An inspection, Ms. Stewart says, is about people, process, and systems.
“Regulators will look at whether people are trained and qualified to perform the role," she says. “They will look at SOPs and the procedures that govern the reporting of side effects and pharmacovigilance. They will look for evidence that every case is processed per the documented procedures. There is high scrutiny on whether the procedural controls are being adhered to. And the FDA will look at the systems and technology: is the drug safety database secure; is access controlled; is it a validated system; is it CFR part 11 compliant? These are guiding principles that the FDA expects of any company operating in this space."
The focus of every inspection is quality, Ms. Stewart says. “Regulators are looking for compliance with SOPs," she says. “They have to be part of everyone’s behavior and the company is able to demonstrate control of its employees’ training and qualifying the resources of the people performing this pharmacovigilance service. Data must be secure; healthcare information must be private and must follow the governing principles of HIPAA and data privacy."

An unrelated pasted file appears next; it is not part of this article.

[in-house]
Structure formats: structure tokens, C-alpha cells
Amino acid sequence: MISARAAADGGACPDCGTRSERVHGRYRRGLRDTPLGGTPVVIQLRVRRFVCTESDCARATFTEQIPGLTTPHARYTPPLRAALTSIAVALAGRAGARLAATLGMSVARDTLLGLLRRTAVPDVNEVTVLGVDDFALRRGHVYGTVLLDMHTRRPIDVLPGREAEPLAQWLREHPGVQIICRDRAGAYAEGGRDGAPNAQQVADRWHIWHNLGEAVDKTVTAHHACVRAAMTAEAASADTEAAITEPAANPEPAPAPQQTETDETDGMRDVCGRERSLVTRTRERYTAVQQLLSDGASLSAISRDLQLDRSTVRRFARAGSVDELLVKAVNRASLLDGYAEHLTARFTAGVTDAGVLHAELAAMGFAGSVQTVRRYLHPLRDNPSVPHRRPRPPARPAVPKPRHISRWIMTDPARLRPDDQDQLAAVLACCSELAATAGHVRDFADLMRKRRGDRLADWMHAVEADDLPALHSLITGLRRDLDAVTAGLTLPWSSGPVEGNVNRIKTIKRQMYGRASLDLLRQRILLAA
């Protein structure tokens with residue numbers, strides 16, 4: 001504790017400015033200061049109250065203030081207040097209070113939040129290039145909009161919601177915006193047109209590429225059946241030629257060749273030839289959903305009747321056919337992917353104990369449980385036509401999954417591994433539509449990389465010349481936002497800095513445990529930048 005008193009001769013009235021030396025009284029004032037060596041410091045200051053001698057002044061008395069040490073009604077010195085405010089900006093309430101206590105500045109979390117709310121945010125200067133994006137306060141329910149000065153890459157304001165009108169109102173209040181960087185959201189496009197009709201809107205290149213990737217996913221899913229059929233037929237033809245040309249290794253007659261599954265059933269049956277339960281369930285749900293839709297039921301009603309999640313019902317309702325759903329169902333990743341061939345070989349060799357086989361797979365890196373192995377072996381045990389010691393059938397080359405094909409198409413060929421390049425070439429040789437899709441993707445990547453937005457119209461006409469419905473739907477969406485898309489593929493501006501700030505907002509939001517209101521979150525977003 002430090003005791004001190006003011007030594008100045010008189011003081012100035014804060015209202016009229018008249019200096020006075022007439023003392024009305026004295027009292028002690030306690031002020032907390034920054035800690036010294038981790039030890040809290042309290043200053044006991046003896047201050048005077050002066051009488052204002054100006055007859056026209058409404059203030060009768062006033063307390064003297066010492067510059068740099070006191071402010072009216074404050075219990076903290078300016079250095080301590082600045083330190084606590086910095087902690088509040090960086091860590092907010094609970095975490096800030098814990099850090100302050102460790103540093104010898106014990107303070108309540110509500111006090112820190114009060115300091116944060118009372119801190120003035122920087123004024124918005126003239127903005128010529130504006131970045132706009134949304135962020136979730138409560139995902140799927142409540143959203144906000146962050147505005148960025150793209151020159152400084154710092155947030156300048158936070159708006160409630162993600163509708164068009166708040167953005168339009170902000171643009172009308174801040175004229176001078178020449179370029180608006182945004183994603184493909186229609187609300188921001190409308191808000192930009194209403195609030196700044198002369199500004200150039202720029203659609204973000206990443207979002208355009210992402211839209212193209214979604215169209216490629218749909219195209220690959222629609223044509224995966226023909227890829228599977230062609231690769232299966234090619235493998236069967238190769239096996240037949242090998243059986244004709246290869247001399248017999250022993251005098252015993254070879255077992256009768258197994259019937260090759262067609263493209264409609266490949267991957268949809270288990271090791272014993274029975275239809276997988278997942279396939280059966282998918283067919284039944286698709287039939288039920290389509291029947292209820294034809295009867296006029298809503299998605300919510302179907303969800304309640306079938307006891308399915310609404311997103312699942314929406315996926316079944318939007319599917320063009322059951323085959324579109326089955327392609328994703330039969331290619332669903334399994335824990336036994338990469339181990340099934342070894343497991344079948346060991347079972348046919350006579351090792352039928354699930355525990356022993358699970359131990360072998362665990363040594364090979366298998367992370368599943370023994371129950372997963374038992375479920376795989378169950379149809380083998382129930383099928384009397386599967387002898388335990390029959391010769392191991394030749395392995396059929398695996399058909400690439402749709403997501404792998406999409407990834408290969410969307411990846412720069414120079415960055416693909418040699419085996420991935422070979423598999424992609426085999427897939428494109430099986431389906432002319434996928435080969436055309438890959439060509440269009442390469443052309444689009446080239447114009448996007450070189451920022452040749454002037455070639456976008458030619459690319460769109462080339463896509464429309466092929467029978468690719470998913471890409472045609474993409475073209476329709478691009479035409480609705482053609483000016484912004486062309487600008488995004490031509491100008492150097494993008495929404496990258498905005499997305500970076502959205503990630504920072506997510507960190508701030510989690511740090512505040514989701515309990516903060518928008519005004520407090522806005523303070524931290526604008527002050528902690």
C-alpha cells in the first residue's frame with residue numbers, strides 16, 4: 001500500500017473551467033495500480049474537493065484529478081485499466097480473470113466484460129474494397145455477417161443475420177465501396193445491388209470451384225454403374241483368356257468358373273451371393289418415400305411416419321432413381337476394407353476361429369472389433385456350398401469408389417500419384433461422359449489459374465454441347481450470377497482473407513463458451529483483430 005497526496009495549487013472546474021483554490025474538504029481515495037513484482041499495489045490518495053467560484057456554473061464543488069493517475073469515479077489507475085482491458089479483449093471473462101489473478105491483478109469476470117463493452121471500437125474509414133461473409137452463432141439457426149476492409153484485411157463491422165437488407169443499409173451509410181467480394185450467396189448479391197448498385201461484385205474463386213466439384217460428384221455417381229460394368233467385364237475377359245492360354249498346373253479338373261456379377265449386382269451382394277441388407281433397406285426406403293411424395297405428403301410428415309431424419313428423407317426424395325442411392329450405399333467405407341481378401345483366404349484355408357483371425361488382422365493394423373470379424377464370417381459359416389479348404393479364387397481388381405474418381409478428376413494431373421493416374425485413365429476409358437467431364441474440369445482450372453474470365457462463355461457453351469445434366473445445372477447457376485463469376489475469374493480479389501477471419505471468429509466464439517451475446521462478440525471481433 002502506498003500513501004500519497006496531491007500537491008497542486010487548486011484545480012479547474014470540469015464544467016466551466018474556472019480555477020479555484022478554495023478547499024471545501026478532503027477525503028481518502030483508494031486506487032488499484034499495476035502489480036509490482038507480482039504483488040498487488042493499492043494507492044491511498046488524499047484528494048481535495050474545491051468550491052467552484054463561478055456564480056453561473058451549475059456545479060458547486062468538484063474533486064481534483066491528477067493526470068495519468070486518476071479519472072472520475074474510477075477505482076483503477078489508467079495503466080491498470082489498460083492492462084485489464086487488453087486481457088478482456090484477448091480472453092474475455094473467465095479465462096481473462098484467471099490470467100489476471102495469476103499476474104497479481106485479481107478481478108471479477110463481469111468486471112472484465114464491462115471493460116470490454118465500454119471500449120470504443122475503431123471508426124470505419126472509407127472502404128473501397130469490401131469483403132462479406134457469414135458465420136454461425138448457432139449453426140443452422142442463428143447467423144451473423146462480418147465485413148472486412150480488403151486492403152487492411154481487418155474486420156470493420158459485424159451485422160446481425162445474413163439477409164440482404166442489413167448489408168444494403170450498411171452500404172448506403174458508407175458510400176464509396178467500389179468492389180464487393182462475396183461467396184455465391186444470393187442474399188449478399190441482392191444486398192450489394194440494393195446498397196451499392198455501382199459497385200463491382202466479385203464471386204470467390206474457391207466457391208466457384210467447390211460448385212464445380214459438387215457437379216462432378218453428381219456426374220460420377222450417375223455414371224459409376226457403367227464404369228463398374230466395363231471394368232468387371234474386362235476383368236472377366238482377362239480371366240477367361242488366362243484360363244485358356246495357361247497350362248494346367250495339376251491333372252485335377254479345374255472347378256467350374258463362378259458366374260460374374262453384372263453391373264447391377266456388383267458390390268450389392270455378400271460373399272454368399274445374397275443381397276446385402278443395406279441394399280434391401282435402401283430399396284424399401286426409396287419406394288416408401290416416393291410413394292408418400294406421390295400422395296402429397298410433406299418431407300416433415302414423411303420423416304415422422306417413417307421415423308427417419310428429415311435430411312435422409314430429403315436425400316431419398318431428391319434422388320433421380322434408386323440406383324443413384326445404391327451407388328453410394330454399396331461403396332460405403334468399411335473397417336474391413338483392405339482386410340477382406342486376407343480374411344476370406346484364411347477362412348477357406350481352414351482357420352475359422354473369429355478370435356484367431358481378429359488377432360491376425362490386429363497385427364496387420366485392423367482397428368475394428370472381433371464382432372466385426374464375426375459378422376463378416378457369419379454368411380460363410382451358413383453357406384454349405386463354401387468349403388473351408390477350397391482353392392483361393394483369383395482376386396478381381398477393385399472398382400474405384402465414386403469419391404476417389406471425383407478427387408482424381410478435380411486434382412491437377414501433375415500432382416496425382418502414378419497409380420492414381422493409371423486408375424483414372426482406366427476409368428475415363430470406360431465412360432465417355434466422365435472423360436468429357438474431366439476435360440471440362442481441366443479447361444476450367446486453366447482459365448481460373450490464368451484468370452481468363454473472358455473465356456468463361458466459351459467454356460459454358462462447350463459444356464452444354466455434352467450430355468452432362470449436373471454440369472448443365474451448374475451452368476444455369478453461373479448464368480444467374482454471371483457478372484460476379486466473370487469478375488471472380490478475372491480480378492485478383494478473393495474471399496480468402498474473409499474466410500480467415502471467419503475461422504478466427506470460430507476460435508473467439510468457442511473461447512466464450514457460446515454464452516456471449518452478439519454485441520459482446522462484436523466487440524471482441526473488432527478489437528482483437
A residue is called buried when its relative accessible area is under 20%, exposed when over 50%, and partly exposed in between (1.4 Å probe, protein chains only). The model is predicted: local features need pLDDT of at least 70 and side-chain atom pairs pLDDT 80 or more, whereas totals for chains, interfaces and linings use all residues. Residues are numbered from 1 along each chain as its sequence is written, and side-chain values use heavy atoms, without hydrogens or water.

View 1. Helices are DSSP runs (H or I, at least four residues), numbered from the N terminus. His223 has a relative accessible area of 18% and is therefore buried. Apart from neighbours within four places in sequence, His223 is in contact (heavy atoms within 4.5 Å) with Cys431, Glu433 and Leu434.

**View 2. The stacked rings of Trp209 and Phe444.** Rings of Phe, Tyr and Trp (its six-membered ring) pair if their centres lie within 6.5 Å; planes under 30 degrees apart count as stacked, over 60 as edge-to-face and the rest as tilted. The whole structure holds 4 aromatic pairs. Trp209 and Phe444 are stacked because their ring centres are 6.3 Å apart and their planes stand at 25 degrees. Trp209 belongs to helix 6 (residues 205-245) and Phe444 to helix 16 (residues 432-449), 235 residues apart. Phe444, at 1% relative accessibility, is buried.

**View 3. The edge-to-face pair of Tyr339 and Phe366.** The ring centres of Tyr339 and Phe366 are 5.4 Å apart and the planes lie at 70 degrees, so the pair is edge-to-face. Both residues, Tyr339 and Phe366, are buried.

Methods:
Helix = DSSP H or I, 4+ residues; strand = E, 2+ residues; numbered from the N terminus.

Mr. Wylie says inspectors think systematically.
“If there is a problem, inspectors assume the problem will be fixed immediately," he says. “What they are really worried about are the problems they haven’t found."
Mr. Wylie provides an example of a company that was doing validation testing of its systems. Errors were being recorded as a failed test instead of indicating the reason for the error. This was done because the test operator didn’t speak English as his first language, and recording a failed test was easier for the operator than entering the actual reason for the failure.
“The inspector then questioned how everyone was to know that a successful test was, in fact, successful since the operator didn’t understand what he was entering," Mr. Wylie says. “The company saw this as needing to fix a few codes, but the inspector was worried the company didn’t properly train its people on why they were recording this information or on how to use the system."
Each year about 70% of GMP violations are in product and process controls (P&PC), CAPAs/deviations, sterility, and stability, according to an analysis by PA Consulting of warning letters issued by the FDA’s Center for Drug Evaluation and Research.